May 8, 2014
Table of Contents
A vaccine is a treatment that prevents us from getting a disease. It works by teaching our immune system how to protect itself against a disease-causing germ like a virus or bacteria.
Vaccines are one of the world's most effective tools for preventing diseases. Serious illnesses like polio, smallpox, measles, and mumps have been nearly eliminated from many countries because of vaccines.
There are two types of vaccines being studied for HIV: preventive vaccines and therapeutic vaccines. Preventive vaccines are designed to keep people from being infected with HIV. Therapeutic vaccines would allow those already infected with HIV to control the virus without needing to take HIV drugs.
In a best-case situation, a preventive HIV vaccine would protect nearly everyone who receives it from being infected with HIV. But many scientists think that the first-generation HIV vaccines will provide more limited forms of protection, in which some, but not all of the people who receive the vaccine are protected against becoming infected.
It is good to remember that none of the vaccines that are currently available (e.g., those for measles, polio, chicken pox) are 100 percent protective in 100 percent of the people who receive them. Some vaccines work better in some people than in others; other vaccines only provide protection for a limited amount of time. Yet these vaccines have been very effective and are now considered 'tried and true.' Therefore, even a partially protective HIV vaccine could be a very important tool for slowing the spread of HIV. It would also help scientists develop more effective vaccines over time.
Right now, most of the potential vaccines that are being developed are designed to prevent HIV infection in HIV-negative people. However, there are also research studies testing vaccines in people living with HIV (HIV+). While these therapeutic vaccines will not cure HIV, they may help HIV+ people fight the virus. They would allow HIV+ people to control the virus while taking fewer or no HIV drugs.
No. Each vaccine being tested uses a slightly different design or strategy but none of them can actually cause HIV infection. This is because all the potential vaccines only use small, synthetic (human-made) pieces of HIV. It is important to know that, while HIV vaccines cannot cause infection, people who have been vaccinated against HIV and who do not have HIV infection may have antibodies for HIV in their bloodstream. Therefore, in order for people who have been vaccinated against HIV to have their HIV status properly tested, they must use viral tests rather than antibody tests. For more information, see the "Types of HIV Tests" section in The Well Project's HIV Testing article.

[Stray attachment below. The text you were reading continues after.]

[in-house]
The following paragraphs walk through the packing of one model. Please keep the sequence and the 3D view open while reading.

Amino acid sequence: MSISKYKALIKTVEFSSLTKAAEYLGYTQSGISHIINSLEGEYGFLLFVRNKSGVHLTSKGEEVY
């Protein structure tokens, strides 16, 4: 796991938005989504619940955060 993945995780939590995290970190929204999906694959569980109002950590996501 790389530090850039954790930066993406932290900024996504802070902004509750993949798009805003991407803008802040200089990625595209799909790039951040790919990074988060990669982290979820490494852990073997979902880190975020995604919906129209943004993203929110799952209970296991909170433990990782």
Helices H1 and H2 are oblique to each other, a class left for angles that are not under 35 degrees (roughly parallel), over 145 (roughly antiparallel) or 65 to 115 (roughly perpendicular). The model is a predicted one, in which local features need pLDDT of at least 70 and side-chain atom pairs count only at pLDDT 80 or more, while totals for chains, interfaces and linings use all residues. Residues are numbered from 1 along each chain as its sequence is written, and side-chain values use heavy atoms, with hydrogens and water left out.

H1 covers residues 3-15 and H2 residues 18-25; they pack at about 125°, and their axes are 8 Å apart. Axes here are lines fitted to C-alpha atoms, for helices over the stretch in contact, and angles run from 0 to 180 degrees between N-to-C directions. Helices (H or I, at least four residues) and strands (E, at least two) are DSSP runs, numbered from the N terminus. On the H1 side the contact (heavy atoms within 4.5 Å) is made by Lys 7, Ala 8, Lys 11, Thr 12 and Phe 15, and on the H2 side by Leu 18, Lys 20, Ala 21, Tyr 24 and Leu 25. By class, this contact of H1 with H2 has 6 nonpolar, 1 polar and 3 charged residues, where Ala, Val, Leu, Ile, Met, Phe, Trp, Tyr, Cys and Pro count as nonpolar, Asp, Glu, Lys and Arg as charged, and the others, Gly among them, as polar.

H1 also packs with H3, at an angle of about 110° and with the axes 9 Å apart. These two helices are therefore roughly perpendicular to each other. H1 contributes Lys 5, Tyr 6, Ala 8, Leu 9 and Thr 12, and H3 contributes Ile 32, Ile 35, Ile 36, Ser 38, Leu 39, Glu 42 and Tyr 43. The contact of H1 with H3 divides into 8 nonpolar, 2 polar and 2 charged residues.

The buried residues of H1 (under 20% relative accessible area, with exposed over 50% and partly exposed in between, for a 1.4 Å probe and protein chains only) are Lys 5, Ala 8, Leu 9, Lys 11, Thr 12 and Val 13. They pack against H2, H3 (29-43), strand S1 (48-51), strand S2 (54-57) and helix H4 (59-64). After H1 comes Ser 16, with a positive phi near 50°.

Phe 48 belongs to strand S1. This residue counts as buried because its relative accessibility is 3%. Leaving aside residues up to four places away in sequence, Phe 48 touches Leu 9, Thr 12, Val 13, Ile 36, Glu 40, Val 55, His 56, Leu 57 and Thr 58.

No. Today there are no effective HIV vaccines.
Yes. There are more than 35 clinical trials of vaccines going on in over ten countries around the world.
Like all experimental medical treatments, potential HIV vaccines go through a series of safety tests—first in animals and then in small groups of people. These small studies help determine whether or not the vaccine causes any serious side effects. Only vaccines that appear to be completely safe are considered for studies in larger groups of people that test whether the vaccine works. HIV vaccines are not tested by exposing people to HIV on purpose.
Before a research study on the effectiveness of a preventive vaccine begins, scientists usually spend two or more years looking at communities where studies may take place. They gather many types of information, including how many people get HIV each year. The rate of new infections is called the incidence rate. If 100 HIV-negative people were followed for one year, and five of them got HIV by the end of the year, you would say that there was a five percent incidence rate in that group of people.
Once these numbers have been collected, people from the community are asked to enroll in the preventive vaccine study. People in the study are randomly assigned to receive either the vaccine or a placebo (an inactive substance). Neither the researchers nor the study participants know who has received the vaccine and who has received the placebo.
The people in the study are followed for a long time—usually two to three years. At the end of the study, the researchers look to see whether the incidence rate is lower in the group of people who were given the vaccine, as compared to the group of people who were given the placebo.
For example, if there was a two percent incidence rate in people who received the vaccine, and a five percent incidence rate in people who received the placebo, that might mean that the vaccine was protecting some people against HIV.
The search for an HIV vaccine has not been easy. A number of potential vaccines have been studied since the mid-1980s, but few have made it to Phase III trials. Phase III trials test a product's effectiveness and safety in very large groups of people over several years. It is only after a vaccine successfully passes a Phase III trial that the US Food and Drug Administration (FDA) can approve it for public use. For more information about all phases of clinical trials, see The Well Project's Understanding Clinical Trials.
There have been three large Phase III trials of preventive HIV vaccines. The first two involved a potential vaccine called AIDSVAX. They were completed in 2003 and did not show any evidence that the vaccine worked.